Fig. 1 Demonstration of superelasticity, showing large fully recoverable strains and the ability to withstand cycling.

(A) Microcompression stress-strain curve for superelastic zirconia pillar [effective diameter deff = 1.82 μm, pillar B in (24)], in which the initial elastic loading of austenite is followed by forward transformation plateaus during the formation of martensite. This is followed by elastic unloading and reverse transformation plateaus with a reversion to austenite. (B) Stress-strain curves for a pillar with deff = 1.19 μm [pillar G in (24)]. The superelastic response stabilizes after ~10 cycles.

The stress-strain curve shown in Fig. 1A is characteristic of the many hundreds that we have measured on a variety of fine-scale austenitic zirconia ceramic pillars. We find that these samples exhibit all the attributes of a good superelastic material. This includes large strains up to 7% in some pillars, as well as the ability to cycle reversibly through the transformation many times. A series of typical stress-strain curves during cycling is shown in Fig. 1B and shows that superelastic properties are present over many cycles. There is a gradual evolution of the stress-strain hysteresis loop with cycling that is expected as a superelastic material becomes “trained” to a particular kinematic transformation pathway (25). In addition to the results in Fig. 1, a variety of other specimens were cyclically loaded without failing for dozens of cycles; up to 50 cycles were applied to a single pillar. More stress-strain curves exhibiting a range of different achievable stress and strain combinations for different pillars can be found in figs. S4 to S11. Some pillars did experience cracking [see (24) for more details], but only after many more cycles than have previously been reported in polycrystalline specimens (17).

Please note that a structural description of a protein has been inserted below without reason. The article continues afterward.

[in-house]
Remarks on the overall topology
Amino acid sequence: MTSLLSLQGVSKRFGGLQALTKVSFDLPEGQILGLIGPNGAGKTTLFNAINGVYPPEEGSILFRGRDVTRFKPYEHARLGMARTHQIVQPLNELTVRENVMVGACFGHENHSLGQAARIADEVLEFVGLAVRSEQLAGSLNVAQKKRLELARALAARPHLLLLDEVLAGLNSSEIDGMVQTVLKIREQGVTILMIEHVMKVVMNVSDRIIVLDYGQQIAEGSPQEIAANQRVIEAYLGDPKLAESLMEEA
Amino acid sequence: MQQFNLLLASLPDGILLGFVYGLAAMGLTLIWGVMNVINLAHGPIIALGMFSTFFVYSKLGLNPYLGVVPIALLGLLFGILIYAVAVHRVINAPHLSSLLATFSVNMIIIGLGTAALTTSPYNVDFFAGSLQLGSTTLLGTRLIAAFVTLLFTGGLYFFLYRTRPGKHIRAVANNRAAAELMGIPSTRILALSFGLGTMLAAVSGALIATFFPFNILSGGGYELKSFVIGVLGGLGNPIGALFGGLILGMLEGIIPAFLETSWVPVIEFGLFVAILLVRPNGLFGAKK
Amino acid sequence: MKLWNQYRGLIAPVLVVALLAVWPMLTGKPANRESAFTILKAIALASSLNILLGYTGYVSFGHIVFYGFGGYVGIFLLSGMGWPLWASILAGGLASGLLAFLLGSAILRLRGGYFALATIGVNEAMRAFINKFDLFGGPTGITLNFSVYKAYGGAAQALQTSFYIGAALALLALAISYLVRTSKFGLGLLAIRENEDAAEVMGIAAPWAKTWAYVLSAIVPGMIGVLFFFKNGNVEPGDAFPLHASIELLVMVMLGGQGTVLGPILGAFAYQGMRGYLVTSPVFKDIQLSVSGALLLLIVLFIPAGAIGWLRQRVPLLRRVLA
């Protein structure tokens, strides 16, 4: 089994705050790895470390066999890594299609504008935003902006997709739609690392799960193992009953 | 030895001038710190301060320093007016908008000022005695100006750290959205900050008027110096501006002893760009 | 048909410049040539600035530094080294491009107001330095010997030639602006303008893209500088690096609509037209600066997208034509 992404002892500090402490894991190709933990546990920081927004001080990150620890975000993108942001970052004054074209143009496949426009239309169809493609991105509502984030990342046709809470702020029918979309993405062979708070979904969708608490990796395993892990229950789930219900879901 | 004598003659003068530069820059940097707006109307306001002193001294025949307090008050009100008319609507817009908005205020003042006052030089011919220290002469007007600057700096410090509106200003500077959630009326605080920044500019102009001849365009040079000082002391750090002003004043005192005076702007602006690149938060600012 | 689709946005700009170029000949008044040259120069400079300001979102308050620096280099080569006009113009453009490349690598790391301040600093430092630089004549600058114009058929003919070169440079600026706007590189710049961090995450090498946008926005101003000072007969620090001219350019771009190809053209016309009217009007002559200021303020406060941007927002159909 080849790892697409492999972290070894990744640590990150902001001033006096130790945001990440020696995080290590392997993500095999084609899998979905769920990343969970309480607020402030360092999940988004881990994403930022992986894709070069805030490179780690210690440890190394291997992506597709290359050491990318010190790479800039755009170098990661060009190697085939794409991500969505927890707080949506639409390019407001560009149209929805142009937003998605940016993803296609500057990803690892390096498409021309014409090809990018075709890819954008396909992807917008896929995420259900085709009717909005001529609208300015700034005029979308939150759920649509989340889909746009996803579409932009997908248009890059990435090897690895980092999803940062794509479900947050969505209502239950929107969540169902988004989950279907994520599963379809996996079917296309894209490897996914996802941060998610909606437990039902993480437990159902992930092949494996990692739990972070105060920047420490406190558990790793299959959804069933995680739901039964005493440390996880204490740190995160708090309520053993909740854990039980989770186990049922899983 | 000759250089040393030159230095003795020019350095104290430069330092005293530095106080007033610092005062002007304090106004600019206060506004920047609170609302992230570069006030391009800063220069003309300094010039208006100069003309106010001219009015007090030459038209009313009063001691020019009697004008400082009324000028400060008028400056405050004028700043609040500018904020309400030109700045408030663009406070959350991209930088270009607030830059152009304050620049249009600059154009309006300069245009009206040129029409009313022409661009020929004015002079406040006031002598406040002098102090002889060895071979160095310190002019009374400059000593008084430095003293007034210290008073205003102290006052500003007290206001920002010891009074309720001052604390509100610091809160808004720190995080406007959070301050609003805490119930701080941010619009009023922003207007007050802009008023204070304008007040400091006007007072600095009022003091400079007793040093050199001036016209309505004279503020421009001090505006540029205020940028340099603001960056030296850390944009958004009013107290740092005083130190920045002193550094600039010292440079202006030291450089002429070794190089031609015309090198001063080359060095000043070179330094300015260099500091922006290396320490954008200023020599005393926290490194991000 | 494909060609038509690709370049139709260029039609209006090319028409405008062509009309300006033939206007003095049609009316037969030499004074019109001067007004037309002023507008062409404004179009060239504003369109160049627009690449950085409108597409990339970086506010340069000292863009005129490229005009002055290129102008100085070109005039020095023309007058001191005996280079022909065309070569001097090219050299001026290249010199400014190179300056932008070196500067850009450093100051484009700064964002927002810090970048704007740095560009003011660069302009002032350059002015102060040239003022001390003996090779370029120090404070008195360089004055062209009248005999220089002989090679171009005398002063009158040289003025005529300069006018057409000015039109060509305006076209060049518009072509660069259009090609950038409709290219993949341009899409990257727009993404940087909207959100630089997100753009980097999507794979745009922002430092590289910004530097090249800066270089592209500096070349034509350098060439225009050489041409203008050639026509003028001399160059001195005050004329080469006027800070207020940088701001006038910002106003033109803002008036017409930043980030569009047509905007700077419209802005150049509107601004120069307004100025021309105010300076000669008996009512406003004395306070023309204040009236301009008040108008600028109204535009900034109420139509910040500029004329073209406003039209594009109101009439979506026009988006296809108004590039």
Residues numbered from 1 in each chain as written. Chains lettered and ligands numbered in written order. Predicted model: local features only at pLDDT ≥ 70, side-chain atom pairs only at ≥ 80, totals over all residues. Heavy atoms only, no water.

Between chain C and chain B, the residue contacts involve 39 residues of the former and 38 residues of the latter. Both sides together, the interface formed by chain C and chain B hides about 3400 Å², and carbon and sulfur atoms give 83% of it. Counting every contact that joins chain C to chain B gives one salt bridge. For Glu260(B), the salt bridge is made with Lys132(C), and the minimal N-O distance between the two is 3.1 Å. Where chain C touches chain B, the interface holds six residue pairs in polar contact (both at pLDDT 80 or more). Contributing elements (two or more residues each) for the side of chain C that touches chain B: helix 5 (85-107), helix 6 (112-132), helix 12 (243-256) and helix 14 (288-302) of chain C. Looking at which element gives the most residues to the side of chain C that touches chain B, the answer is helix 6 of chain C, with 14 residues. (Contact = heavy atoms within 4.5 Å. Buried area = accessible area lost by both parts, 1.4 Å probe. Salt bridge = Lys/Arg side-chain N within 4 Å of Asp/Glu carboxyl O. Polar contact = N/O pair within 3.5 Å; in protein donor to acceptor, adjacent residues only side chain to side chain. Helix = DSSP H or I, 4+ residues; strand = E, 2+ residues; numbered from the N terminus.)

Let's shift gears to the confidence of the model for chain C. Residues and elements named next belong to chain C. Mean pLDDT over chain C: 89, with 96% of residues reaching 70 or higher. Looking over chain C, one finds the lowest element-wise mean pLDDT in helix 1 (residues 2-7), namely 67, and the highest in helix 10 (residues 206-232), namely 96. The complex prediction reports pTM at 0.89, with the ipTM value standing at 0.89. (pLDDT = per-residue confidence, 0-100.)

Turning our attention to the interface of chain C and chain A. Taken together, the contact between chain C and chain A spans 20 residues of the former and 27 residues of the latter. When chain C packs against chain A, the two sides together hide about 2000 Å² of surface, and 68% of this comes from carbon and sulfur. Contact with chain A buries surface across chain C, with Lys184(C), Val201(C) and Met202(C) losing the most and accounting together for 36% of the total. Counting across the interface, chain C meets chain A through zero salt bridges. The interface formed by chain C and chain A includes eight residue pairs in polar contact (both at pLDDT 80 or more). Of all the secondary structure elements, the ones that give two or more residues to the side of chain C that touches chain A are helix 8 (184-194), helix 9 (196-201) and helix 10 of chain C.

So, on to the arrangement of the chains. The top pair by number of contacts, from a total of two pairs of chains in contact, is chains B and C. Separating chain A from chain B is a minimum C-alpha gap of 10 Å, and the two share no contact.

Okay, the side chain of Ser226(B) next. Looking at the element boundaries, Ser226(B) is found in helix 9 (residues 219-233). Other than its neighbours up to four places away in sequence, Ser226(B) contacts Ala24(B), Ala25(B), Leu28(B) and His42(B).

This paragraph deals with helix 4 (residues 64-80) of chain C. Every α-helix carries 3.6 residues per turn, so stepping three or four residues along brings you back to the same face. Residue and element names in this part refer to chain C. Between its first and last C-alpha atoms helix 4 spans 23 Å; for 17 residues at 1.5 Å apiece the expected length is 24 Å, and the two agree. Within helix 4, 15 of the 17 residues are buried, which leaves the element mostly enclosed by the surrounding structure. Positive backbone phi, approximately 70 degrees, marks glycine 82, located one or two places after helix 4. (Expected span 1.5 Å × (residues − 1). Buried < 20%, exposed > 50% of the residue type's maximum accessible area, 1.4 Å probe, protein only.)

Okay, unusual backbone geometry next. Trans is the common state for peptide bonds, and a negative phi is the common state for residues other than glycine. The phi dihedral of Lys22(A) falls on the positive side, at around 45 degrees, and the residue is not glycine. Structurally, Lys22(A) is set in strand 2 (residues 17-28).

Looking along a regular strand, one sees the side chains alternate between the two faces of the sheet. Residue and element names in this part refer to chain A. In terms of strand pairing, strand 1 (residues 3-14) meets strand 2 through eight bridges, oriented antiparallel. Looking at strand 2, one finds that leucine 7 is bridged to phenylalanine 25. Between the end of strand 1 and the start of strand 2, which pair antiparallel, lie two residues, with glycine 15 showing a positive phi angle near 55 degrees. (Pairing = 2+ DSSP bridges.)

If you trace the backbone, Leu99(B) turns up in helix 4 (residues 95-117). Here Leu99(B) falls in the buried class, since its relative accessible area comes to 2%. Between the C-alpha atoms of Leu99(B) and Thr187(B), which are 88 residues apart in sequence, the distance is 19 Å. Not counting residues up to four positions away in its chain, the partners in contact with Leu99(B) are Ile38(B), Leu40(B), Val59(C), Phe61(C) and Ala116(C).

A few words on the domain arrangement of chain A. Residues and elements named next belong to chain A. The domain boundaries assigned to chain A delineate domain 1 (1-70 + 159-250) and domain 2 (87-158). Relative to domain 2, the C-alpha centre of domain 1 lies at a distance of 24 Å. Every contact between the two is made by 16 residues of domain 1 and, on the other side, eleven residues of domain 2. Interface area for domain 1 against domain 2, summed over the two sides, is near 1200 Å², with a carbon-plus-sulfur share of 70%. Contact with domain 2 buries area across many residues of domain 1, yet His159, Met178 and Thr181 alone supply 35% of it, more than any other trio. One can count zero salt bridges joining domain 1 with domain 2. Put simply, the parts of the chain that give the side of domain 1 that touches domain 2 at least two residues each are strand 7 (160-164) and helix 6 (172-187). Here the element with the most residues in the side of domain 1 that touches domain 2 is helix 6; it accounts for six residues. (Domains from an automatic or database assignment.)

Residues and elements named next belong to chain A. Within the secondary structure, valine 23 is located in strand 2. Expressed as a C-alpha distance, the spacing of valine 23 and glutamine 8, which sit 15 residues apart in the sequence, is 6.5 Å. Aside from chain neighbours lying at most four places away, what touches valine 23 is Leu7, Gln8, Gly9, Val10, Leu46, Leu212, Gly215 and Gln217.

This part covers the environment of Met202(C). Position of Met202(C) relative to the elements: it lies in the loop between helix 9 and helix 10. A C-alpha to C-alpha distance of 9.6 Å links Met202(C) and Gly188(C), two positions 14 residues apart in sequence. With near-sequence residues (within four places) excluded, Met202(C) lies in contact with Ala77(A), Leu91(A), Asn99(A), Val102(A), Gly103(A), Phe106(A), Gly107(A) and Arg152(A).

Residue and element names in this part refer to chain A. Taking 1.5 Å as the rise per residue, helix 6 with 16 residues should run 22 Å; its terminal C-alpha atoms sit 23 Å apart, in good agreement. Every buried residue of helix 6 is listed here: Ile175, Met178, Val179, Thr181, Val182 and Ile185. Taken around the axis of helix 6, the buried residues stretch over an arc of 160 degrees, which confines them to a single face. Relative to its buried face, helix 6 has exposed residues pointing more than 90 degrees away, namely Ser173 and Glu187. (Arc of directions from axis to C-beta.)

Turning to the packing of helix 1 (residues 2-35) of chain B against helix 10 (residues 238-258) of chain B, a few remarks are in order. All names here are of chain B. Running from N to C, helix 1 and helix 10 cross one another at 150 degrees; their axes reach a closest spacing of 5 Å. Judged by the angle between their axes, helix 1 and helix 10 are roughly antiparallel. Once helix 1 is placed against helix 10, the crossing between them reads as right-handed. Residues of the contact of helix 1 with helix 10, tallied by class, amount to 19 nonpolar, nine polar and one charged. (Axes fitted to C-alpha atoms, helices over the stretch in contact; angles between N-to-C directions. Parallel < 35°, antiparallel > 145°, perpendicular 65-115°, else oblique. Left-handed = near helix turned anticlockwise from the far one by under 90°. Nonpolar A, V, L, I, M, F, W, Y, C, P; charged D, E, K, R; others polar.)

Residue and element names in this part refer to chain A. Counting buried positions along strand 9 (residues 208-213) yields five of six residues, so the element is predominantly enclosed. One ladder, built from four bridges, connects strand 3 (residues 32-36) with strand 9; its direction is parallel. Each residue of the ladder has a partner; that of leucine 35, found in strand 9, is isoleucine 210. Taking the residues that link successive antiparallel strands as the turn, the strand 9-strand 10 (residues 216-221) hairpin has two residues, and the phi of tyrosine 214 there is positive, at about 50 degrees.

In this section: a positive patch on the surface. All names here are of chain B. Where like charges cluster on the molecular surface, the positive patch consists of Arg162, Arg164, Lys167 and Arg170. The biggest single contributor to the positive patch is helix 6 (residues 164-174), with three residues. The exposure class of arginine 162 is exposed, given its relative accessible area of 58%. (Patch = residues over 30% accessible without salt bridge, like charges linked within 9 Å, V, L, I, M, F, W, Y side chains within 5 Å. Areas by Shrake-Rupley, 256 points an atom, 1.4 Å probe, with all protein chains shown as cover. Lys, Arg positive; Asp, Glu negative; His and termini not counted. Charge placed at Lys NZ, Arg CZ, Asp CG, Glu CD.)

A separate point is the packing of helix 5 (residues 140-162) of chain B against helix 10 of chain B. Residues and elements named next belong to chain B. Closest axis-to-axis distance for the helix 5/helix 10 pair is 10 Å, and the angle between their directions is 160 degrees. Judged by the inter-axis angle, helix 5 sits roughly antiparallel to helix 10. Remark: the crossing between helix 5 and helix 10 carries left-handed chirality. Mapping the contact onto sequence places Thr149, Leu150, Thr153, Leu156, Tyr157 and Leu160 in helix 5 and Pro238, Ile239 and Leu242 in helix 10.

Fine-scale zirconia pillars in the tetragonal (austenite) phase were also found to exhibit excellent shape memory properties when deformed at a temperature in between the martensite and austenite transition temperatures, as shown in the scanning electron microscope images in Fig. 2. Upon loading at room temperature, shape change is effected by a stress-induced transformation from austenite to martensite, and when the load is removed the new shape remains. This is illustrated for an example pillar of 8 mol % CeO2–0.5 mol % Y2O3–ZrO2, loaded in a bending mode, between Fig. 2, A and B, to an approximate strain of 8% (24). The occurrence of the stress-induced martensitic transformation is also evidenced by stripe patterns formed on the lateral side of the pillar that we interpret as martensite variants, as shown in fig. S12A. Subsequent heating above the austenite transition temperature causes the martensite to revert to austenite, which is crystallographically constrained to return the material to its original shape. This shape recovery is shown in Fig. 2C after the specimen was heated to 500°C for 2 hours, and was accompanied by the nearly complete disappearance of the martensite variant stripe patterns on the side of the pillar (fig. S12B).